Mr. BROWN. That may be done.
(The tables and newspaper article referred to are as follows:) MEMORANDUM ON H. R. 6843 To EstaBLISH IMPORT Quotas ON PRODUCTS
CONTAINING MATERIALS WHICH ARE SUBJECT TO DOMESTIC PRIORITIES OR ALLOCATIONS
ILLUSTRATION NO. 1--THE UNITED KINGDOM Consider the impact of these restrictions on the United Kingdom. Last year the United Kingdom sold $467,000,000 worth of its products to the United States.
On the basis of last year's import pattern, application of the proposed restrictions would have reduced United Kingdom sales in the United States in the general magnitude of $140,000,000. This would have meant, for example, that dollar earnings from such items as machinery would have been reduced from $20,000,000 to $8,000,000; leather goods, froin $7,000,000 to $1,000,000; automobiles, from $37,000,000 to $9,000,000, and pottery from $1,000,000 to $1,500,000.
Such restrictions would, of course, have reduced the supply of goods available to the American consumer. They would have done basic harm to the economy of the United Kingdom, which in turn would have tended to retard United States export industries and other supporting industries, as well as agriculture. The serious nature of the danger to the United Kingdom becomes more clear when related to the fact that whereas United Kingdom exports to the United States in
1951 were $467,000,000, its imports of American goods totaled some $900,000,000. Thus, even without any new restrictions, the United Kingdom's trade deficit with the United States amounted to more than $433,000,000.
United Kingdom imports from the United States included wheat ($89 million), tobacco ($147 million), cotton ($100 million), and lard ($47 million), such agricultural products amounting to $383,000,000. The United Kingdom's imports also included machinery ($76 million), petroleum products ($77 million), and a wide variety of other commodities totaling $517,000,000.
ILLUSTRATION NO. 2--FRANCE United States imports from France last year totaled $229,000,000. These imports included nearly $80,000,000 worth of steel products, some $57,000,000 worth of chemicals, machinery, and leather products, making a total of $137,000,000 worth of goods generally subject to the restrictions proposed in H. R. 6843. During the entire 3-year period 1947–49, however, total French exports to the United States of these categories of goods were less than $10,000,000. The average annual French exports to the United States during the base period were less than $4,000,000. Applying the provisions of H. R. 6843 to these facts, the restrictions would constitute a virtual embargo on imports of these products from France.
ILLUSTRATION NO. 3-GERMANY In 1951 we imported $229,000,000 worth of goods from Germany. Of the total about $118,000,000 would have been affected by H. R. 6843, including such goods as steel mill products in the amount of $86,000,000, machinery, $14,000,000,scientific instruments $3,000,000, advanced iron and steel manufactures $6,000,000, and pottery and glassware in the amount of $9,000,000.
In the same year the United States sold $519,000,000 worth of goods to Germany, the largest categories of which were tobacco ($28 million), coal ($57 million), cotton ($112 million), and wheat ($145 million). Notwithstanding a greater need for dollars in the face of its defense objectives, Germany had a trade deficit with the United States in 1951 of nearly $300,000,000.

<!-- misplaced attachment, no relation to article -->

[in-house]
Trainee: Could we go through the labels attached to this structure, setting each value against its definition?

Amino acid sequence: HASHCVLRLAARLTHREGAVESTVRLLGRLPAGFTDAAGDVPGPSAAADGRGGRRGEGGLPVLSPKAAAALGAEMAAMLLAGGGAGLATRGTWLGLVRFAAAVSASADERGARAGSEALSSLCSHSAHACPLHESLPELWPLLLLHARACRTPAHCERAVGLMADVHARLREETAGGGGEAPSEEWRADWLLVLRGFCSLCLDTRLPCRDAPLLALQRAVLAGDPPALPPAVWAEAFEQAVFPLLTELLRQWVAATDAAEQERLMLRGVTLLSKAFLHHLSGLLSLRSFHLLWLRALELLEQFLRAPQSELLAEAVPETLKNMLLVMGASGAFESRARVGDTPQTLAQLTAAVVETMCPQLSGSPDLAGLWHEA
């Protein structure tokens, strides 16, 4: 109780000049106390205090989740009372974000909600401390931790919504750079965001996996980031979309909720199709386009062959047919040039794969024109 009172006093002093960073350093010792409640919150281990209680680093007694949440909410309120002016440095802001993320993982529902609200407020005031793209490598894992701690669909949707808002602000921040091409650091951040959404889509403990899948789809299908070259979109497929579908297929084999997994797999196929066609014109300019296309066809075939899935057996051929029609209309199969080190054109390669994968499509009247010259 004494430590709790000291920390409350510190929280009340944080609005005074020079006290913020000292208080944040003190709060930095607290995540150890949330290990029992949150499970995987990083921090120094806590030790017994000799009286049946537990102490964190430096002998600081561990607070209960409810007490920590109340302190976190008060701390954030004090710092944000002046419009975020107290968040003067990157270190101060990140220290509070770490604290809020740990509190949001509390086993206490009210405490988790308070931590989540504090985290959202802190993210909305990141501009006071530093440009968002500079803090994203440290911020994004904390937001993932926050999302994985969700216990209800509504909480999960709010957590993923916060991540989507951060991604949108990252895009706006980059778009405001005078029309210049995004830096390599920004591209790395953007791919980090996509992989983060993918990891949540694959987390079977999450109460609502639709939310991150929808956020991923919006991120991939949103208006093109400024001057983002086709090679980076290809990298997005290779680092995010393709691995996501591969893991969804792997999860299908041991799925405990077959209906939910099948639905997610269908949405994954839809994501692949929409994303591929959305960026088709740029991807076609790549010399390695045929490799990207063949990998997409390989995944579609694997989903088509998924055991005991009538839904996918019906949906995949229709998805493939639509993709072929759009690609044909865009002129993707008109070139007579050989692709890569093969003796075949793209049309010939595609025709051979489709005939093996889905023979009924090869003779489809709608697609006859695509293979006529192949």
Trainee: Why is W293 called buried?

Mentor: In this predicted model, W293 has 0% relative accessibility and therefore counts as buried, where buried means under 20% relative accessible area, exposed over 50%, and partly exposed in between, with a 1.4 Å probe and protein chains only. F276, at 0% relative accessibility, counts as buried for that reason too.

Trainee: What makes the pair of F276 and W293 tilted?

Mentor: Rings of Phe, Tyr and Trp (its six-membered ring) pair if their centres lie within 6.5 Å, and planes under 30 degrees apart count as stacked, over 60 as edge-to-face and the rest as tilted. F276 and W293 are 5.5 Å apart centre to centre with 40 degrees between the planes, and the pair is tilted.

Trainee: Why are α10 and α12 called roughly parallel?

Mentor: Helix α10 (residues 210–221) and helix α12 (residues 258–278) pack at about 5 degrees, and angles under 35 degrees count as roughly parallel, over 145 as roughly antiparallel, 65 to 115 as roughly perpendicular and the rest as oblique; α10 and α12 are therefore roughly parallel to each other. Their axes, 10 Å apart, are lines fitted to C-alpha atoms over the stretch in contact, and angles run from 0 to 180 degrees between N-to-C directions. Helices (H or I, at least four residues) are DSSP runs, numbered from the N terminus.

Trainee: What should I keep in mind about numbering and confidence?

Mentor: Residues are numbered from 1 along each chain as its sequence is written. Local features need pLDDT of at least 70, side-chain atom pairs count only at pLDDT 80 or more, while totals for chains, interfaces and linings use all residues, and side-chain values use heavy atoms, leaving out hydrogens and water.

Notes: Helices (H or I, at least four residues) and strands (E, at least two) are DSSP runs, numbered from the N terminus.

Since Germany's economic efforts during the period 1947-49 were primarily devoted to postwar reconstruction, it exports to world markets were insignificant. As in the case of France, the restrictions provided in H. R. 6843 would have constituted a virtual embargo on the principal imports from Germany.
ILLUSTRATION NO. 4- BELGIUM United States imports from Belgium in 1951 amounted to $215,000,000. Of this total about $89,000,000 would have been subject to the restrictions proposed by H. R. 6843, consisting of such items as iron and steel products in the amount of $77,000,000, glass products in the amount of $7,000,000 and firearms and machinery in the amount of $5,000,000.
The United States exported $367,000,000 worth of goods in 1951 to Belgium. These exports included over $190,000,000 worth of wheat, tobacco, cotton, oil seeds, and other agricultural commodities and nearly $177,000,000 worth of industrial and manufactured products.
The restrictions of H. R. 6843 would have reduced Belgian exports to the United States by more than 40 percent last year.
ILLUSTRATION NO. 5- ITALY In 1951 we imported $140,000,000 worth of goods from Italy, of which some $36,000,000 consisted of machinery ($7 million), iron and steel products ($5 million), pottery ($4 million), and musical instruments ($6 million) which would have been subject to the restrictions of H. R. 6843.
United States exports to Italy in 1951 amounted to $452,000,000. Among the largest exports were cotton, wheat, coal, and machinery.
Under this bill its exports to the United States would have been reduced by some $30,000,000, increasing its trade deficit with the United States from $312,000,000 to $342,000,000. In view of Italy's extreme and chronic economic difficulties and of the impact of other recent United States trade restrictions on Italian exports (hatters' fur, fur-felt hats and hat bodies, almonds, and cheese), the prospective damage which new restrictions may inflict upon Italy's economy cannot be underestimated. In addition to their direct economic consequenees, new restrictions will tend to strengthen those vociferous minorities who charge